… the lighthouse or faro at Bonanza in Andalucia, to be precise, not Virginia Woolf’s Hebrides set novel of 1927. The fishing village of Bonanza is on the estuary of the Rio Guadalquivir as it reaches the Atlantic, just north of the Bahia de Cadiz. The derivation of its name is from the Spanish (and Latin) for calm sea, or tranquil waters, though it has come to mean a windfall, or unexpected piece of good fortune. It was our good fortune to be there last Sunday.
I doubt Ms Woolf ever visited, though the place itself is small and charming, with one main street running parallel with the river, houses backing onto a deep sandy beach. Bonanza does feature elsewhere in literature, however, in The Confusion, the second in Neil Stephenson’s rip-roaring and erudite Baroque Cycle (2005) as the location for an audacious piece of thievery. There are no grand mansions to be found there now, though fishing boats bob on the swell and there is, at the Alguida end of town, a port area with docks and factories. There are, unsurprisingly, good places to eat fish, which was what we were there for.
Beyond Bonanza is farmland, now often given over to poly-tunnels, interspersed with houses whose architects certainly had exuberance and imagination, though they didn’t tend towards understatement (the Baroque featured here too, though attached to flat-roofed bungalows). If you continue along the single road you eventually gain access to that portion of the Donana National Park which lies on the south eastern side of the Guadalquivir. Here there are wonderfully tranquil forests of Iberian pines and a lagoon, complete with bird watching hides. The flamingos were displaying and we saw not one other human being.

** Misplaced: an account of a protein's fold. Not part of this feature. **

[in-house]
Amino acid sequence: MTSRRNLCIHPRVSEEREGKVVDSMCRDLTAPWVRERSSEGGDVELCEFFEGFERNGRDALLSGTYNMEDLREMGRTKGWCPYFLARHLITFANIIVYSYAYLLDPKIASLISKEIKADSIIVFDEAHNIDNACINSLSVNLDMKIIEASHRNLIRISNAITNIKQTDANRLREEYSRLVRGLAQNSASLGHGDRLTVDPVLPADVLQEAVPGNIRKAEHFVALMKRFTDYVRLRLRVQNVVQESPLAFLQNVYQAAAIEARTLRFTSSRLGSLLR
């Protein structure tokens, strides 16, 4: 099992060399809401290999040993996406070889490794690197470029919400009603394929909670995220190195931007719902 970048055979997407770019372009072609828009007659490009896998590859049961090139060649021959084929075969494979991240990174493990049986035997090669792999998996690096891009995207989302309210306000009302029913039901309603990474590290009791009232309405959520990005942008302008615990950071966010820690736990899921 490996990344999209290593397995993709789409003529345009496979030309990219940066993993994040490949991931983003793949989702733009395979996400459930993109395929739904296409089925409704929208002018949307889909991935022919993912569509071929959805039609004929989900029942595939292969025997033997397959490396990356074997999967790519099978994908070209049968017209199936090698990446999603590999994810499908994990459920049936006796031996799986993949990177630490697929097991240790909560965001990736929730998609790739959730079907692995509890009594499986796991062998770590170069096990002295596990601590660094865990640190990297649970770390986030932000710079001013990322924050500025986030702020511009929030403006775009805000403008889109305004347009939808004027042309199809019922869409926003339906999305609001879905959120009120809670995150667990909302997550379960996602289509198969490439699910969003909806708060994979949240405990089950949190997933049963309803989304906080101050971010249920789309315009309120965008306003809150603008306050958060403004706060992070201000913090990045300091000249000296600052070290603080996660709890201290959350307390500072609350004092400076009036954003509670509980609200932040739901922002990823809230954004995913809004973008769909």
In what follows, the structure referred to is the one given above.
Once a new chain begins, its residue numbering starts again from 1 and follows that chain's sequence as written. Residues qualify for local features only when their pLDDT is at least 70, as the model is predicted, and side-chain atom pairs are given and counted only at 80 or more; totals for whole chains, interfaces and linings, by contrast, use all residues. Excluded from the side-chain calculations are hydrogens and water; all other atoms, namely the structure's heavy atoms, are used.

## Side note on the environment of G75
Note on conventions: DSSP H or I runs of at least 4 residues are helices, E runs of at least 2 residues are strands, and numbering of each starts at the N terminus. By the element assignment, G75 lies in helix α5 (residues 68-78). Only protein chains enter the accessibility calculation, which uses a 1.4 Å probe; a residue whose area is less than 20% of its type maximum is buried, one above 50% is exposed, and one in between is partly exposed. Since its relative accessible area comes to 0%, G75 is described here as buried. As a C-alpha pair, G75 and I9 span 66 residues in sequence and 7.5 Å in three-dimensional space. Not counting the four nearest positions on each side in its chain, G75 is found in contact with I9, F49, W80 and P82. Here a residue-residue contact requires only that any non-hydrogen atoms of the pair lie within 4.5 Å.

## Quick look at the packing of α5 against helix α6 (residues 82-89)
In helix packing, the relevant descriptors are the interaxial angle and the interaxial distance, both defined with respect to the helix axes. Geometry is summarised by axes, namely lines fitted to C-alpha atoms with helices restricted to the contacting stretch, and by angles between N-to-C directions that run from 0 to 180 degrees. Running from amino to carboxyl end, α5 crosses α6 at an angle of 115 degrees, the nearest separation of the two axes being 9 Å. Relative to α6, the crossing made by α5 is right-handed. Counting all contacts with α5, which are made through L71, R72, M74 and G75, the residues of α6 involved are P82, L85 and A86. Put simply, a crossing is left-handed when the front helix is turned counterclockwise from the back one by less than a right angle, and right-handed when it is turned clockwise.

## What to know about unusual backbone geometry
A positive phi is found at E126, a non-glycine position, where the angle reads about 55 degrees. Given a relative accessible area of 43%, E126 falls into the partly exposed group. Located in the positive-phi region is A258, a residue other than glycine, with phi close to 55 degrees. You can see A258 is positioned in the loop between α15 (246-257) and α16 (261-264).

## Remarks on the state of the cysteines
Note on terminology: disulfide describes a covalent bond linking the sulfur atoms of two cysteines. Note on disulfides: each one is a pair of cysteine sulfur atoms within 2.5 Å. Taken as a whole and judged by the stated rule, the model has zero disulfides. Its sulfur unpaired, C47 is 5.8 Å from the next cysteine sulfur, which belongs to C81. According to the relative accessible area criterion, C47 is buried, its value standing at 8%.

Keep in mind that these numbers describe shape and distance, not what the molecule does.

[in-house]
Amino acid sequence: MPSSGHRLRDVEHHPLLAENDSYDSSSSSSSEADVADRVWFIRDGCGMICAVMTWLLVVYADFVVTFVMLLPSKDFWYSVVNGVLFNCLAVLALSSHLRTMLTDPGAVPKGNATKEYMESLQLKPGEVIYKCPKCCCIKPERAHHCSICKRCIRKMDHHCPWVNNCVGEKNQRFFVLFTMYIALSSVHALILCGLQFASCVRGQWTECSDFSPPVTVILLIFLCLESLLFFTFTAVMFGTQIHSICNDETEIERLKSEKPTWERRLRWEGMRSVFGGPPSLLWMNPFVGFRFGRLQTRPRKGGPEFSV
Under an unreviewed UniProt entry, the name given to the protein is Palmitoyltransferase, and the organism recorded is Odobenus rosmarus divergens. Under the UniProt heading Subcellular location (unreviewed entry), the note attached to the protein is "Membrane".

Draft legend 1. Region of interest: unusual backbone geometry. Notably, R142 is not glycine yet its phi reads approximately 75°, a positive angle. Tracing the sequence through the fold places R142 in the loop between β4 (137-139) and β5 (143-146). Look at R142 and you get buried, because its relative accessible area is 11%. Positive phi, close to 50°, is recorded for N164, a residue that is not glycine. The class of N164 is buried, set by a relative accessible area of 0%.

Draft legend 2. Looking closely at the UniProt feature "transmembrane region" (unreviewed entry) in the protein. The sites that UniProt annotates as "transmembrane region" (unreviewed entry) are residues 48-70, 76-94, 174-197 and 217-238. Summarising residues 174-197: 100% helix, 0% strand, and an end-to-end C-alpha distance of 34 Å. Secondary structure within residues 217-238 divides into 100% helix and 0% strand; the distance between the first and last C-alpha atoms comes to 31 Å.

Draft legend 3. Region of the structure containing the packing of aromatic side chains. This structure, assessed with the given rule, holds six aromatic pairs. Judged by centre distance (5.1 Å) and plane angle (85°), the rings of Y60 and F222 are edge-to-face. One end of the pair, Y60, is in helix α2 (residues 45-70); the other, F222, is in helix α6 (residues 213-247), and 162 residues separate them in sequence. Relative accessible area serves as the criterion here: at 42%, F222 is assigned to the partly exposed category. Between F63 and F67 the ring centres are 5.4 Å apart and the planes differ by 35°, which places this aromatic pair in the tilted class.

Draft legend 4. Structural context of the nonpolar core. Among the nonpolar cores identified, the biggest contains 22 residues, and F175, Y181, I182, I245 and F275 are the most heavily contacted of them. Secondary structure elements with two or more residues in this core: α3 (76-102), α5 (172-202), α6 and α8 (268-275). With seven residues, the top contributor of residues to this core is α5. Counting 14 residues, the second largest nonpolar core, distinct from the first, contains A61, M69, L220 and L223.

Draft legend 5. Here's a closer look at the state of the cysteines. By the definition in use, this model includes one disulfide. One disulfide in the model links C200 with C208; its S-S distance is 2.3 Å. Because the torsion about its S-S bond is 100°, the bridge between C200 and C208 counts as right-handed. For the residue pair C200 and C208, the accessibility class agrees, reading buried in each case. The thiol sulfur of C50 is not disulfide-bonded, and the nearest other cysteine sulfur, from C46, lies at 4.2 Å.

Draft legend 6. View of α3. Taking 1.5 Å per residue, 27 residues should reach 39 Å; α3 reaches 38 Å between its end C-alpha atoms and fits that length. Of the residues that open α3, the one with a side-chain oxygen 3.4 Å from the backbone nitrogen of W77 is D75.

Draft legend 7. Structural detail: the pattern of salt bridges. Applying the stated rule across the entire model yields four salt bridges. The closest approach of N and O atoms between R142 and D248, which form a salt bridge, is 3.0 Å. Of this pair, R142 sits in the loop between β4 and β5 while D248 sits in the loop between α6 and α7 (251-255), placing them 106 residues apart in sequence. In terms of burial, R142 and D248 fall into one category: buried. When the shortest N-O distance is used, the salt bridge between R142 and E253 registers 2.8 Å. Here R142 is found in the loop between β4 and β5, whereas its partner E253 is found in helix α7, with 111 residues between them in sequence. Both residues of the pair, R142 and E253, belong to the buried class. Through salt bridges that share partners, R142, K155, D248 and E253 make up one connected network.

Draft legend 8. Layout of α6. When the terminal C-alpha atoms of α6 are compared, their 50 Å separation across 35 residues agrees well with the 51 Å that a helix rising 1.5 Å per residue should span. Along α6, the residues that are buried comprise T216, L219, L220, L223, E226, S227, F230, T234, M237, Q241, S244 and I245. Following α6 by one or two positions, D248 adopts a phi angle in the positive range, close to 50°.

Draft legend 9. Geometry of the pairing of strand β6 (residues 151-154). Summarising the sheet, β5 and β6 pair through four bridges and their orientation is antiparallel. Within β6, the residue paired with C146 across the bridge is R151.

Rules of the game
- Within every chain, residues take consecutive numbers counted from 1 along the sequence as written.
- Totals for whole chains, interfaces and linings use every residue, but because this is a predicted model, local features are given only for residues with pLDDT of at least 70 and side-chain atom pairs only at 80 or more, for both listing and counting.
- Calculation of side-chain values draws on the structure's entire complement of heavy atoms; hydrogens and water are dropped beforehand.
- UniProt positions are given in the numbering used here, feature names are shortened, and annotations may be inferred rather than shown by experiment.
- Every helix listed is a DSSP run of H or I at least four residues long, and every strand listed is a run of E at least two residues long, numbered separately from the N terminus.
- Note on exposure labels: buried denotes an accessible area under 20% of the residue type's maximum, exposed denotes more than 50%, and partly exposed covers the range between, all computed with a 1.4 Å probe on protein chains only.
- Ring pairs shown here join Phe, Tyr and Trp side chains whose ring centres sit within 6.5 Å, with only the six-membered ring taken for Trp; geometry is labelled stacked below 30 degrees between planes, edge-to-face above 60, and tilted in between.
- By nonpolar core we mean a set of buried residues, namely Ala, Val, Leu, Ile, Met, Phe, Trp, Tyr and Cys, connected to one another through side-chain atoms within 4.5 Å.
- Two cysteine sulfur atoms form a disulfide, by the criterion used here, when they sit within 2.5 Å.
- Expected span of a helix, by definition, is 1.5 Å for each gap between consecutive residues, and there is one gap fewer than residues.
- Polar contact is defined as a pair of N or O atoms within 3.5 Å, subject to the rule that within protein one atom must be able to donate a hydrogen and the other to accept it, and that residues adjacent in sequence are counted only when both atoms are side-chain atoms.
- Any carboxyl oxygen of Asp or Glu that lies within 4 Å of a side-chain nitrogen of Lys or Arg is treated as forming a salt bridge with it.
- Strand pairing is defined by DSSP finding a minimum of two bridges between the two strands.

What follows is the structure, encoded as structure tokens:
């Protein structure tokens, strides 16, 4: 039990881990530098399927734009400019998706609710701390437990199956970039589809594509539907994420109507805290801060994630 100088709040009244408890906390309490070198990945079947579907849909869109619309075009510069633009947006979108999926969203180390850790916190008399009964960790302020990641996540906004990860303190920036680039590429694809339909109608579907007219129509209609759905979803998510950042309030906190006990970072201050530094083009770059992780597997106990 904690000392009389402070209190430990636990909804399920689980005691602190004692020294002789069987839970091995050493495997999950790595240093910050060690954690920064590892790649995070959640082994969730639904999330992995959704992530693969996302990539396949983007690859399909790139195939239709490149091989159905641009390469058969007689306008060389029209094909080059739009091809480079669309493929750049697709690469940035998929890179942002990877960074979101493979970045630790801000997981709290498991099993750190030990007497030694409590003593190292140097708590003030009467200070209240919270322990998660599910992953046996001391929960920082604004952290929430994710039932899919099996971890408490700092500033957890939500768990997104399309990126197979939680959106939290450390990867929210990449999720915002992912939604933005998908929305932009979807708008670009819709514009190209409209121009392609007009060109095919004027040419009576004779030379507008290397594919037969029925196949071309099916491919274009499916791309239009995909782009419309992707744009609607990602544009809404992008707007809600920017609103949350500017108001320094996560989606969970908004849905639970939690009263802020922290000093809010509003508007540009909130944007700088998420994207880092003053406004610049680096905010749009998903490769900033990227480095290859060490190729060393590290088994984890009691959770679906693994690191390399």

Or maybe head back to Sanlucar de Barrameda, of which I have written before ( see Contrasts ) the rather larger port and holiday town. Both Columbus and Magellan set sail from here, their voyages being recorded in sculpture and tile work around the town. The former completed his first circumnavigation of the globe from Sanlucar, while the latter returned to his own discovery of Hispaniola. The town is intensely proud of its hugely influential maritime history. On Sunday afternoons the Plaza de Cabildo is the place to be and be seen, amongst the bougainvillea entwined palms, as the inhabitants drink manzanilla or eat ice cream at the square’s two competing ice cream parlours.
Maybe visit the Castillo de Santiago the fifteenth century fortification on the edge of the Barrio Alto, with its two museums and excellent views over the Barrio Bajo or take tea in the gardens of the 13th century Palacio de Medina Sidonia, now a hotel/hostel, for similar views. There’s an interesting monument between the two, indicative of today’s desire among many Spaniards for the truth to be told about what happened during the Fascist era and commemorating just some of those killed or ‘disappeared’ during that time for opposing Franco. The Duchess who owned the aforementioned Palacio was one of those who was imprisoned, although she was, presumably, too eminent to do away with quietly.
If you’re in this part of the world Sanlucar and Bonanza are worth visiting – we will do so again.